Every parent wants their child to succeed. Some kids have their own internal drive to win or achieve. Yet, “that drive” can result in tears, frustration or meltdowns. So, how do you support the perfectionist child?
Have you ever wondered how some kids just seemed to always put undue pressure upon themselves? Do you have a child that seems so excited about a project, yet cannot seem to ever get started? Or maybe you have the child who has a vision, but is so angered by the fact he cannot reproduce it?
Some parents may think: “How can I help my child succeed without pushing them too hard?” Some kids are naturally motivated or competitive. They want to succeed. They have an urge to keep going. However, even though these leadership traits or drive to persist is great, kids sometimes get in their own way.
And that is when parents feel at a loss as to what to do.
What’s inside the book: Letting Go of Perfect, Overcoming Perfectionism in Kids
I found the book, Letting Go of Perfect: Overcoming Perfectionism in Kids, a wonderful primer into the minds of perfectionist kids. This book is written by Jill Adelson and Hope Wilson, both are educators of gifted and talented children and bring their observations and experience in the classroom to the book. The book has 12 chapters, with chapters 11 and 12 being resources for children and for adults.
The book covered practical definitions and things to consider, including:
- Healthy vs Unhealthy perfectionism
- Common myths about perfectionists
- Types of perfectionism based on whether self-oriented, other-oriented or whether children believe others hold them to a high standard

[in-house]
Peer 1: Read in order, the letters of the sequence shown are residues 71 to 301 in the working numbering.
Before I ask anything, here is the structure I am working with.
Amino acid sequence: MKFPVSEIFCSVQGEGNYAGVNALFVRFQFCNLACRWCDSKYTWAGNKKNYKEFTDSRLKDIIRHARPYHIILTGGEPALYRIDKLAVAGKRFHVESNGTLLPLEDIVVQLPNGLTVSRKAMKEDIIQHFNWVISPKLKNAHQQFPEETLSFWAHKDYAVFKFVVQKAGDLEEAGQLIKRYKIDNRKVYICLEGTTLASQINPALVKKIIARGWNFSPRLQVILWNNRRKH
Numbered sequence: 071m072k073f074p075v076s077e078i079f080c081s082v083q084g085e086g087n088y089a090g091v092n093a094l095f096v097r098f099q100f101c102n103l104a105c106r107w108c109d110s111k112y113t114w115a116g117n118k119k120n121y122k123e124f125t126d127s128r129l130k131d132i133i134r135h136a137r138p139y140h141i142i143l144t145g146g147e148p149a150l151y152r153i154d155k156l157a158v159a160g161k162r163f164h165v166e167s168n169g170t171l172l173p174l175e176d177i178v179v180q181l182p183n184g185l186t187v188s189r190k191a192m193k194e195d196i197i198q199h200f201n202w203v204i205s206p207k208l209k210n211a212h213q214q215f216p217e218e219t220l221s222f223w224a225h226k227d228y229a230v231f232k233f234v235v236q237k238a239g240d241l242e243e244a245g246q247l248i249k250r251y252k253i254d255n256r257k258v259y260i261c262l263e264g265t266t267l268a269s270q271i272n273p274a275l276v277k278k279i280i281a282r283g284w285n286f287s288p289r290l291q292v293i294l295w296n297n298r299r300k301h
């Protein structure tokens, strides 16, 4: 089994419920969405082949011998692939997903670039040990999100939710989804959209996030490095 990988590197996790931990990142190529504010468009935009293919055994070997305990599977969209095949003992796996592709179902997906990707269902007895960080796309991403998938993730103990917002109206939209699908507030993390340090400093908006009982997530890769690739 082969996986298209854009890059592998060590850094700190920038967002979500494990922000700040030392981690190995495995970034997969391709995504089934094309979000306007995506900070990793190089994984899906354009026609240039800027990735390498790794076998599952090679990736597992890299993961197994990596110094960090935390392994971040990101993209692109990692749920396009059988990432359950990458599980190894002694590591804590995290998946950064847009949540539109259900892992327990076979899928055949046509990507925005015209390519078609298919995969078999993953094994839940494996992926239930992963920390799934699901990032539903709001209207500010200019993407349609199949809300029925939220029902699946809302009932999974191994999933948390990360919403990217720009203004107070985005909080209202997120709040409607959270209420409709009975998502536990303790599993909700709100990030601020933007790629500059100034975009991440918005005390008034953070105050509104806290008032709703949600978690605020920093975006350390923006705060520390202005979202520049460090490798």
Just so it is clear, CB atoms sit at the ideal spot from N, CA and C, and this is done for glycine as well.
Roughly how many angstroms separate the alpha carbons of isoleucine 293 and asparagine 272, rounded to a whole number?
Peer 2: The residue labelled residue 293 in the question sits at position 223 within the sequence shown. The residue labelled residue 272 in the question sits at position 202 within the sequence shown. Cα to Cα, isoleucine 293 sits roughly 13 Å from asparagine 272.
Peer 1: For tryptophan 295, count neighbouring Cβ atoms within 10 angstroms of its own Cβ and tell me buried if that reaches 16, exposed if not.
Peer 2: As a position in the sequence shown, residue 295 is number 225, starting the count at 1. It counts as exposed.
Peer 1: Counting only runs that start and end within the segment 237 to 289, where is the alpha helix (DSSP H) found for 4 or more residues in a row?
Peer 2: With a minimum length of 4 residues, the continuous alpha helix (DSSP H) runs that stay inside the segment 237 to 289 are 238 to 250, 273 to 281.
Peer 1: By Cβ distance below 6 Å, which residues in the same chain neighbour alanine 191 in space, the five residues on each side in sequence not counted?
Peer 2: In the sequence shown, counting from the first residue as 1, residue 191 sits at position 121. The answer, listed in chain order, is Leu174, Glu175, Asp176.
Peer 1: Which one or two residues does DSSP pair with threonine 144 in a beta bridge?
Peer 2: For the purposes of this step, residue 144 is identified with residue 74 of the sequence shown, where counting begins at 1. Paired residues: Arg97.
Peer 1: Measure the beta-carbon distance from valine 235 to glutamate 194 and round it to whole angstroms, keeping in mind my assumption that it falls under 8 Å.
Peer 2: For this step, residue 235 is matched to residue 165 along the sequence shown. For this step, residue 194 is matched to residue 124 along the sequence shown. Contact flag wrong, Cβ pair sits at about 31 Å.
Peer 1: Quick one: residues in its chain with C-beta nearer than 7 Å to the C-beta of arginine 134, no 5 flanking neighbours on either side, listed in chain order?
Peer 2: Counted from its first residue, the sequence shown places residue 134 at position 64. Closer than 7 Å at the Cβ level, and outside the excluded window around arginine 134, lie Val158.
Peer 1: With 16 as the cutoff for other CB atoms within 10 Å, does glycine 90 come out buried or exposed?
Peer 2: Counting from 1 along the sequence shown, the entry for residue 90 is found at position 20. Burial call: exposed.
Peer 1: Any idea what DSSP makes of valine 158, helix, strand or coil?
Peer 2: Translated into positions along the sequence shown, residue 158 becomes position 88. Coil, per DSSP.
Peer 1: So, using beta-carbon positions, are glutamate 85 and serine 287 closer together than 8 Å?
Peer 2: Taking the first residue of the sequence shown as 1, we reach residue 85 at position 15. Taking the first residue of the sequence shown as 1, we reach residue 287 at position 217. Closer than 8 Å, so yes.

- What the research says about perfectionists
The overall tone of the book is upbeat and practical, providing the reader with strategies for home and school. The authors discuss when a healthy drive can enhance a child’s personal achievement and positive self-concept and other times it can be problematic. Whether healthy or unhealthy, they provide easy to digest recommendations to implement at home and share with your child’s teacher.
A bulk of the book is dedicated to the 5 profiles of perfectionists that the authors describe based on their observations. I found these “profiles” to be a helpful way for parents to identify how to help their child. There is not a one size fit all. Your child may exhibit behaviors of an Aggravated Accuracy Assessor in one part of her life and be a Procrastinating Perfectionist in others. Kids can be perfectionists when it comes to subject or a sport. However, they may not be perfectionists with all subjects or not all the time. Each chapter starts with short stories of children exhibiting these profiles to bring it to life.
Quick overview of the Five Perfectionist Profiles
- Academic Achiever: hold unrealistic high expectations for themselves, disappointment if less than a perfect score, see mistakes a sign of failure or flaw in their identity
- Aggravated Accuracy Assessor: Precision and perfection is the goal, focus completely on the end product, send inordinate time redoing or refining at the expense of other things